Why is Procurement Data a Mess?

Over on Sourcing Innovation, Bernard Gunther of Lexington Analytics does a good job tackling the subject of why procurement data inside many companies is a mess. His guest post highlights a number of areas on how data collection and analysis should happen inside procurement organizations -- not to mention the actions that organizations can (but rarely fully) take based upon the insights gleaned from their investigative work. The valuable portion of his post highlights a situation that I'm sure hundreds of organizations across the globe have unfortunately come to realize. The category, not surprisingly, is office supplies. The situation follows: "The vendor processes the orders, ships the items, and presents invoices for payment. The invoices are approved in the PO system and the vendor is paid per the contract. The contract was written 2 years ago and allowed for fixed (discounted) prices for the top 500 items being bought. When the contract was signed, 250 items were on the list. The new contract offered price reductions on certain items which the sourcing team projected would save 12%. Since the contract signing, most prices have been stable, with some exceptions for paper."

But 2 years into the program it became very clear -- at least to the consultants -- that something was very wrong. To wit, "For 20% of the items purchased, the item numbers recorded in the PO system did not match the item numbers in the contract … the [company] could not state what percentage of the spending was for items with contract prices and what percentage was off-contract … the [company] had agreed to price changes, but did not track those changes and could not calculate the impact of those price changes on overall spending … [and] the buyers had shifted their demand so that, of the 250 items in the contract, over 75 were not being bought anymore and of the top 250 items being bought, there was no contractual price for almost 100 of the items." While many issues clearly compounded to allow these problems to manifest in little or no savings, perhaps the most important lesson is to set up an ongoing spend analysis effort that refreshes data on a monthly -- or at most, quarterly -- basis to provide insight into contracted pricing and compliance along with demand drivers that suggest when it might be time to put a new contract in place for additional items. Thanks, Bernard (and Michael), for sharing this excellent case example that I know for a fact is rampant inside organizations.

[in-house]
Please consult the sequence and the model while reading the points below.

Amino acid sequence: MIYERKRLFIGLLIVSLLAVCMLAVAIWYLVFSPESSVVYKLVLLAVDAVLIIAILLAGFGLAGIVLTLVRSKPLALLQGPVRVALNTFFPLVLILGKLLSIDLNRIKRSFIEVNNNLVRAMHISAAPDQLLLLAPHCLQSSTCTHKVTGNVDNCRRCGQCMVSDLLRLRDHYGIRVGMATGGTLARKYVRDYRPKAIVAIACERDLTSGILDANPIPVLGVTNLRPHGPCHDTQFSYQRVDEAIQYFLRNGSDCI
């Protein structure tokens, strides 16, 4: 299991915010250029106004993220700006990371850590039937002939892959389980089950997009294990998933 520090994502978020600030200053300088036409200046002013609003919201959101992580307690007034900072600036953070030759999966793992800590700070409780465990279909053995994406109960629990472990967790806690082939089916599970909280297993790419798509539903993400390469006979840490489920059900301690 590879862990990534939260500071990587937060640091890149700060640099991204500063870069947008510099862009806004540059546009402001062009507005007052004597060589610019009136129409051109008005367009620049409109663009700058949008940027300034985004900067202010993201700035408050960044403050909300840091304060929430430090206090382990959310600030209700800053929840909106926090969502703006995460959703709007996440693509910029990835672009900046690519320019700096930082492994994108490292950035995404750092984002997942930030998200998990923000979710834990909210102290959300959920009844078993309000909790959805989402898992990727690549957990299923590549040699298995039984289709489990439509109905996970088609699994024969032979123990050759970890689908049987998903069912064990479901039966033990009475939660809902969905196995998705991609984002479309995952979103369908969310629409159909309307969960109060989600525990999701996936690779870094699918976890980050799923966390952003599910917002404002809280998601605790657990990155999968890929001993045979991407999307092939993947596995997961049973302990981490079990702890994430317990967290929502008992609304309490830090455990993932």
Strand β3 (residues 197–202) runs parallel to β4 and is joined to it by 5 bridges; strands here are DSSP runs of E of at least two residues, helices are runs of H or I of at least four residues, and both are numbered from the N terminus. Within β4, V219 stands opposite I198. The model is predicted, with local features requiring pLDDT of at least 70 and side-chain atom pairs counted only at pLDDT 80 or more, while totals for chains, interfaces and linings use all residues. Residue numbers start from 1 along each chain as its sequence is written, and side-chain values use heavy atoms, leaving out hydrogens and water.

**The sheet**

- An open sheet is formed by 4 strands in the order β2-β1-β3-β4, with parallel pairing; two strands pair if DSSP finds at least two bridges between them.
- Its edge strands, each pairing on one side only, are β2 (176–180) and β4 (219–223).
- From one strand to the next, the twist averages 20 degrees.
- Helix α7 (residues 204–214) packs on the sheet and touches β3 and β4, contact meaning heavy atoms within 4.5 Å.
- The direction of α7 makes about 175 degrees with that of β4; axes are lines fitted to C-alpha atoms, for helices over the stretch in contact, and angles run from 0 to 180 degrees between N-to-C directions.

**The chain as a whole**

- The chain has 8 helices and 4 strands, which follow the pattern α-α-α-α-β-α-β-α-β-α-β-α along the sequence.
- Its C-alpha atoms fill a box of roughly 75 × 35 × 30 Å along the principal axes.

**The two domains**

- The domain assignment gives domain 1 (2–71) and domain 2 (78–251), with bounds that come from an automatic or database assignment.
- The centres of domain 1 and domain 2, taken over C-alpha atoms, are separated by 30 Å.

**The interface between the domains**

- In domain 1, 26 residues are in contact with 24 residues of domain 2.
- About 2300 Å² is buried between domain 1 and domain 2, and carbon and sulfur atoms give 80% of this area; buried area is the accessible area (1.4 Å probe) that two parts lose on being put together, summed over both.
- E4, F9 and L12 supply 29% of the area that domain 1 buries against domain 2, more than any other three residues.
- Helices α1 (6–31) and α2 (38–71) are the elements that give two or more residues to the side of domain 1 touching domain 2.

- Jason Busch

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